284,278

out-of-school children at primary level in Myanmar (UNESCO)


17

UWS schools open or in development

1,218

children attending school


WHY MYANMAR?

 

Myanmar has suffered widespread political repression and ethnic conflict and remains one of the world’s poorest countries. UNESCO estimates that more than 250,000 children of primary school age do not attend school in Myanmar, and only 2.1% of the GDP is spent on education, one of the lowest percentages in Southeast Asia. UWS is committed to transforming the lives of out-of-school children and their communities by ensuring they have access to a quality education.

Read UWS's full statement on the current political climate in Myanmar here

 


UWS’ WORK IN MYANMAR

 

 

DEVELOPING SCHOOLS

UWS has been operating in Myanmar since 2013. Having initially developed five schools in the Pekon Township of Shan State, in 2015 UWS expanded to our second hub in the Tachileik Township of Eastern Shan. Both regions are home to many different ethnic groups who live in dispersed communities, far removed from basic infrastructure. Many speak only indigenous languages, and widespread stigmatisation of minority groups has left villages isolated and in poverty.

 

TEACHING THE UNREACHED

As the communities we work with are incredibly remote,  children struggle to access government schools. For many, the nearest school is a 4-5 hour walk through dense jungle. Many of the indigenous groups we work with are marginalised and under-represented, and children may be excluded from government schools as they do not speak the national language. UWS develops schools within marginalised communities to provide education for all.

 

WORKING ALONGSIDE LOCAL COMMUNITIES AND AUTHORITIES

Because many indigenous groups have their own language and dialect, UWS trains local community members to be teachers. The schools are built by the community in the heart of their villages, and are managed by their own local governing body, supported by trained UWS staff.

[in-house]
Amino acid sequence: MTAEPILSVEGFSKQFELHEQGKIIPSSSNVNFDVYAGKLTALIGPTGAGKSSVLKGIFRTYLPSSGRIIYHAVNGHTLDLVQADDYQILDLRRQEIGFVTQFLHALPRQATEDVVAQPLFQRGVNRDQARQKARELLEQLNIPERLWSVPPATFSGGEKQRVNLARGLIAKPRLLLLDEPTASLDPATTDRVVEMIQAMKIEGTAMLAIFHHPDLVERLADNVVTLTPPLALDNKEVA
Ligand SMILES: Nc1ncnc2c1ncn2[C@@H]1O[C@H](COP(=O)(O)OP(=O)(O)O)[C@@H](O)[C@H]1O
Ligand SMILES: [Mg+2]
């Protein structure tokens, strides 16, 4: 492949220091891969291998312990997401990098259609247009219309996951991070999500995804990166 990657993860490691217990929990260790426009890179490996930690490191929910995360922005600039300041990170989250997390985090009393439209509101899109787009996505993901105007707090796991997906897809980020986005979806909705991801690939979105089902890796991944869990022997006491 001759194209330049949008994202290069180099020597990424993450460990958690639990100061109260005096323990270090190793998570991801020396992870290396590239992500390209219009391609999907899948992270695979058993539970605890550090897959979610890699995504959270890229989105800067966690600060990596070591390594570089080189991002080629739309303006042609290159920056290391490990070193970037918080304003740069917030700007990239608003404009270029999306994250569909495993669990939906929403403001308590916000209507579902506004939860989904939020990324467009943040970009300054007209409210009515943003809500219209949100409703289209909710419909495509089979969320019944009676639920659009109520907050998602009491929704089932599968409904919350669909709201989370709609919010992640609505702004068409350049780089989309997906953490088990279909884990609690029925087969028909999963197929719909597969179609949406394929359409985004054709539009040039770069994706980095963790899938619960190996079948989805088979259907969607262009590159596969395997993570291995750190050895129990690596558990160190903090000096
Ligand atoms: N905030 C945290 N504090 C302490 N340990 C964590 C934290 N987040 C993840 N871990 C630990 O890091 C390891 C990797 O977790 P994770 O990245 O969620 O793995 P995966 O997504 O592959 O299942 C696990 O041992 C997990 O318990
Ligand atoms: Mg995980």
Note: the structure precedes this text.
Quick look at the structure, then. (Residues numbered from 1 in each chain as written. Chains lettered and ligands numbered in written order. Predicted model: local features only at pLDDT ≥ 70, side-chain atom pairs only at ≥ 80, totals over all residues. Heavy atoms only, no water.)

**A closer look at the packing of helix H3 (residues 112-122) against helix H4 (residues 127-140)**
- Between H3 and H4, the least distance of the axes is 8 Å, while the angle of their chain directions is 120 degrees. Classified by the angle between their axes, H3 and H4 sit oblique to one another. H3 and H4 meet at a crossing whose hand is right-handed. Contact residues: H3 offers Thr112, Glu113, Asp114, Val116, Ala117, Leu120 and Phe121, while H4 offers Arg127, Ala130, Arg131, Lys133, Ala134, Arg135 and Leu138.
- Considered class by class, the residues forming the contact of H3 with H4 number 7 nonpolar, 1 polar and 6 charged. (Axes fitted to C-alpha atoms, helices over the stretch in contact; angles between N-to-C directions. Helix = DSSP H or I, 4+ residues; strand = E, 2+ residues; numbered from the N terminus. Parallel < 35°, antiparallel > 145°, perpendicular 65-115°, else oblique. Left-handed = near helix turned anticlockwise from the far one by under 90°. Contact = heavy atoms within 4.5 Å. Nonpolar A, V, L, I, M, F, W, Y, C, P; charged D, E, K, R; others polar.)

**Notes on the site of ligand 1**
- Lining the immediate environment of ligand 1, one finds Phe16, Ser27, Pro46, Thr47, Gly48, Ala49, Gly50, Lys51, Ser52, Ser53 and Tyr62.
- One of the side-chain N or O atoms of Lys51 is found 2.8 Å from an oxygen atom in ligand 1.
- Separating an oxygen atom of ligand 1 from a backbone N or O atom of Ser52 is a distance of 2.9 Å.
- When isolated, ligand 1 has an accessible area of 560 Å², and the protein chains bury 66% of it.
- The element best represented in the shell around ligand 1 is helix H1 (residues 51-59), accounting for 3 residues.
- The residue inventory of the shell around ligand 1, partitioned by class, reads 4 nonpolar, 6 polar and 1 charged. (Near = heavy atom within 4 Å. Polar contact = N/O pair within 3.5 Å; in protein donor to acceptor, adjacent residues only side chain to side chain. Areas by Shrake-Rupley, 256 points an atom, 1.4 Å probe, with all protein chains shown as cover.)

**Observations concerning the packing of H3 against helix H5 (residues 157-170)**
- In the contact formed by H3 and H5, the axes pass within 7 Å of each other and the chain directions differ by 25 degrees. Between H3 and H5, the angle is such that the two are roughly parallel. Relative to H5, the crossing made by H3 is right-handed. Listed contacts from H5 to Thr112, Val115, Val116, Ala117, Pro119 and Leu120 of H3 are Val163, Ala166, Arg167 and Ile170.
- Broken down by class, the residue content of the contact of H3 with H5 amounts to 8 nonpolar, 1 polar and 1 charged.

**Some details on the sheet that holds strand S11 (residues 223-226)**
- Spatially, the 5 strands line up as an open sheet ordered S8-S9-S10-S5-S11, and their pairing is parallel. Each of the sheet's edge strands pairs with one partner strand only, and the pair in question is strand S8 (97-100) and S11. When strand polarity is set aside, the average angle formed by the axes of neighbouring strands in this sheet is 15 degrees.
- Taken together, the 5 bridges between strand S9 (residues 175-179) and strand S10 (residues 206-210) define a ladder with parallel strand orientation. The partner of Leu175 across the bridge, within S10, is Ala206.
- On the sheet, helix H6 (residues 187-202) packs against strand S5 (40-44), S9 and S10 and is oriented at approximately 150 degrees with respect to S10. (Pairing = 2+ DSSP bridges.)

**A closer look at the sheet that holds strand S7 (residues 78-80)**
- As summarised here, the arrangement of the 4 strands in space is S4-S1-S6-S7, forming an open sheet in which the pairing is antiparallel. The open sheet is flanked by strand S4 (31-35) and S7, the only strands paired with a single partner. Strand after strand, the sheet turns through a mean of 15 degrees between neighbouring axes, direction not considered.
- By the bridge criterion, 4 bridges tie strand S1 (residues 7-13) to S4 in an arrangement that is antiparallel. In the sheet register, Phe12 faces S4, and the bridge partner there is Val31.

To achieve our aims, we work in partnership with national and local government, in a way that aligns with our mission, vision, values and principles. UWS has met with the Minister of Education for the Shan State, who has endorsed our work and given us the license to operate. 

 


MEET WIN MAR HTWE

Community Teacher, UWS Hway Hwe School, Tachileik District

Before joining the UWS team as a community teacher, Win Mar Htwe worked as a teacher in a community called Wa, which was over five hours walk Hway Hwe community where she is from. With no other way to earn a living, she had to leave her baby daughter behind to live with her mother, as her husband left her when their daughter was just five months old. So when UWS Hway Hwe School opened last year, Win Mar Htwe was the first to be selected as a UWS community teacher. She received further training and a fair wage, and she is thrilled to be able to support her village to access education.

Now, Win Mar Htwe works for UWS Hway Hwe School and is able to live with her daughter and mother again. Her daughter is three years old and loves coming to school with her!

Find out more about how we empower women through our schools

Read more staff and student stories here

xx


SPOTLIGHT ON: UWS KAUNG WHATT SCHOOL

 

Built in 2014, UWS Kaung Whatt School is named after the village in which it is situated. Kaung Whatt is a two-hour journey from the Pekhon Township, and is home to the Kayan La-Htach tribe. It is surrounded by steep jungle-covered hills, meaning that government facilities are out of reach for this remote village. UWS began developing a school in the community in 2014. Now, more than 80 children regularly attend the school, and there are an equal number of girls and boys enrolled. All the students learn to read and write in Myanmar's national language, and also prepare for national exams in maths, science and English. Life for the children of Kaung Whatt has been transformed. 

Want to support a community like Kaung Whatt

Donate now   


Sources:
UNESCO Institute for Statistics, 2014
UWS Impact Data, March 2017